# Discharging a capacitor conceptual question

When a capacitor is discharging, why is the potential difference across it at any time $$t$$ equal to that of the resistor? Do the two potential difference's not have to add up to the EMF of the supply (the supply is the capacitor, right?) When we charge the capacitor, eventually the potential difference across the capacitor is the EMF and the potential difference across the resistor is $$0$$. Then when we discharge, initially the potential difference across both components is the EMF? How did the resistor gain so much voltage?

The potential difference (pd) across the resistor is the same as the pd across the capacitor since they are wired together, and we model the wires as having zero resistance. When the capacitor is charging, the resistor may or may not be in the circuit, but when it is fully charged there is no current flowing so there is no potential difference across the resistor, because the pd across the resistor is proportional to the current, $$V=IR$$. The pd across the capacitor is proportional to charge $$Q$$, $$V=Q/C$$, where $$C$$ is the capacitance, so if the circuit is open, that is current cannot flow, it retains its charge.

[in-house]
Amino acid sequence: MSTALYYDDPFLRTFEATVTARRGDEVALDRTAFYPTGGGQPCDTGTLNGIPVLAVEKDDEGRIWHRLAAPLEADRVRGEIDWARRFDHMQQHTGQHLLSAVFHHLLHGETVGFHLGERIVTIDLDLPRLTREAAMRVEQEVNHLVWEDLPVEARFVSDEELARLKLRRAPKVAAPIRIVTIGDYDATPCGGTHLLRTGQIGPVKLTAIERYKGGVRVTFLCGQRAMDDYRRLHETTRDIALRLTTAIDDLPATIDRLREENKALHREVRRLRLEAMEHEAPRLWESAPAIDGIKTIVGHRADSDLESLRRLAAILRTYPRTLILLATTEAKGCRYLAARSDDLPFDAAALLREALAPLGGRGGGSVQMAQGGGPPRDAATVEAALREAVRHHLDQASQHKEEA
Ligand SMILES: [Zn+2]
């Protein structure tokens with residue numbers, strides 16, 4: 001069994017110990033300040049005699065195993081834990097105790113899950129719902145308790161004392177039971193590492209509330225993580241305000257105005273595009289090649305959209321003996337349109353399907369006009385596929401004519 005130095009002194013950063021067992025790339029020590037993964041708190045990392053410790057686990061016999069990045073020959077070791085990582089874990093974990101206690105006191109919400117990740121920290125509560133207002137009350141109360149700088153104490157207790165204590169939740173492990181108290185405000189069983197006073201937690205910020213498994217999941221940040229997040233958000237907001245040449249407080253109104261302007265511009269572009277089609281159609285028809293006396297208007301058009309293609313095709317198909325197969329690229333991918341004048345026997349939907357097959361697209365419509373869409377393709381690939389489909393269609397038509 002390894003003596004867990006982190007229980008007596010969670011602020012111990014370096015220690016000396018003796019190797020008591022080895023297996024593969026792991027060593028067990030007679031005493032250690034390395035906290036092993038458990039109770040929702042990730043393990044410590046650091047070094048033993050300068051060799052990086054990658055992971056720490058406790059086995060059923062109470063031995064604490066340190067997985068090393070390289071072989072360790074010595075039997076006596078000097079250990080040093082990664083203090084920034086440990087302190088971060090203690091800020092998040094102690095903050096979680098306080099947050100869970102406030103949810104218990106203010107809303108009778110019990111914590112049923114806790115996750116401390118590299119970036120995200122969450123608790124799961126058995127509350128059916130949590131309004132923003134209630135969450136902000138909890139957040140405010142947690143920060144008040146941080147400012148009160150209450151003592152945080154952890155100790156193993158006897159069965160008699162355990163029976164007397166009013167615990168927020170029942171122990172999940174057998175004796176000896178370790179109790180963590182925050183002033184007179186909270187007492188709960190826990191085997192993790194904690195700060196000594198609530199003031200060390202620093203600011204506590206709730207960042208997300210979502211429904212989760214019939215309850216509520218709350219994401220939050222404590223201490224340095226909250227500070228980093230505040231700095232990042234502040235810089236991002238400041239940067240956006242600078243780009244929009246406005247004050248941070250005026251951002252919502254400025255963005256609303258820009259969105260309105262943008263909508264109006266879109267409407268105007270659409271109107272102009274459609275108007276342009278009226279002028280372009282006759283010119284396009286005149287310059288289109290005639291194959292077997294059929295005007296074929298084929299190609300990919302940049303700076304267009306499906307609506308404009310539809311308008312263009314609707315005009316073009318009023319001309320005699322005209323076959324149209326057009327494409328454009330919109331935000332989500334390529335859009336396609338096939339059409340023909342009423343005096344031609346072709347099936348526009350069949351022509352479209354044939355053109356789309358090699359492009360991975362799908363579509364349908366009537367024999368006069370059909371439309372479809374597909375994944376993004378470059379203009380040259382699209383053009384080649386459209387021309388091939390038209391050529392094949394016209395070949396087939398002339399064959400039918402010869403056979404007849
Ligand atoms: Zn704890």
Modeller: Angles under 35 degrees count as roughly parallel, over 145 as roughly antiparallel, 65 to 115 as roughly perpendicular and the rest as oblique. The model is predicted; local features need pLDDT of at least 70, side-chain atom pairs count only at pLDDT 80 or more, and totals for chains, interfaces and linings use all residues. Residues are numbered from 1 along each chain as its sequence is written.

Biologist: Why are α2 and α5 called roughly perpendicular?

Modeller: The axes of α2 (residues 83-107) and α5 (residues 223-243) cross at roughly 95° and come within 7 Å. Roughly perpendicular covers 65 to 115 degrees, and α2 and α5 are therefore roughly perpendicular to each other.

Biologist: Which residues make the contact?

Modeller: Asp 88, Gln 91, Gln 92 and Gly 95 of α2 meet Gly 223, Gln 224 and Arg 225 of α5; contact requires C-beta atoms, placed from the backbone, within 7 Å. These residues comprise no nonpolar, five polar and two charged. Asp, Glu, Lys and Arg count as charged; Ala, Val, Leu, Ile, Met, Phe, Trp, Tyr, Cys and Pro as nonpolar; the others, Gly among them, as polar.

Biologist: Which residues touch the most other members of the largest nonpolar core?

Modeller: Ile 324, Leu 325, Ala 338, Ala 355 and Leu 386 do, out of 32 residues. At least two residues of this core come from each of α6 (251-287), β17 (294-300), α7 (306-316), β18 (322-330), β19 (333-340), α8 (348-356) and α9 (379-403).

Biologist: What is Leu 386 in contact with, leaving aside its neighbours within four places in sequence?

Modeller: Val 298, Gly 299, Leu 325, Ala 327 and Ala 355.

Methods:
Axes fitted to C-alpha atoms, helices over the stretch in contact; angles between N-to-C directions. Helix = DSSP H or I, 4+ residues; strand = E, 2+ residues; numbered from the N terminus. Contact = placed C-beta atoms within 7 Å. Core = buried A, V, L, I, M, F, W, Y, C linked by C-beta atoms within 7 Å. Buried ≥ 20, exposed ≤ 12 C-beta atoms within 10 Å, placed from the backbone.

Imagine a series circuit consisting of a charged capacitor $$C$$, potential difference $$\mathcal E$$, a switch and a resistor $$R$$.

The switch is open so there is no current in the circuit and hence the potential difference across the resistor is zero.

How did the resistor gain so much voltage [instantaneously]?

You are asking, how is it that when the switch is closed the potential difference across the resistor instantaneously becomes $$\mathcal E$$ with a current in the circuit of $$\mathcal E/R$$.

In the real world the potential difference across the resister changes from zero to $$\mathcal E$$ as does the current change from zero to $$\mathcal E/R$$ in a finite amount of time which usually is very small compared with the time constant $$CR$$ of the circuit.
The reason is that the circuit has some (parasitic) inductance as the circuit is in the form of a loop, which prevents an instantaneous change in the current.
The inductance is small which means that the change of current from zero to $$\mathcal E/R$$ occurs over a very short interval of time and is often neglected.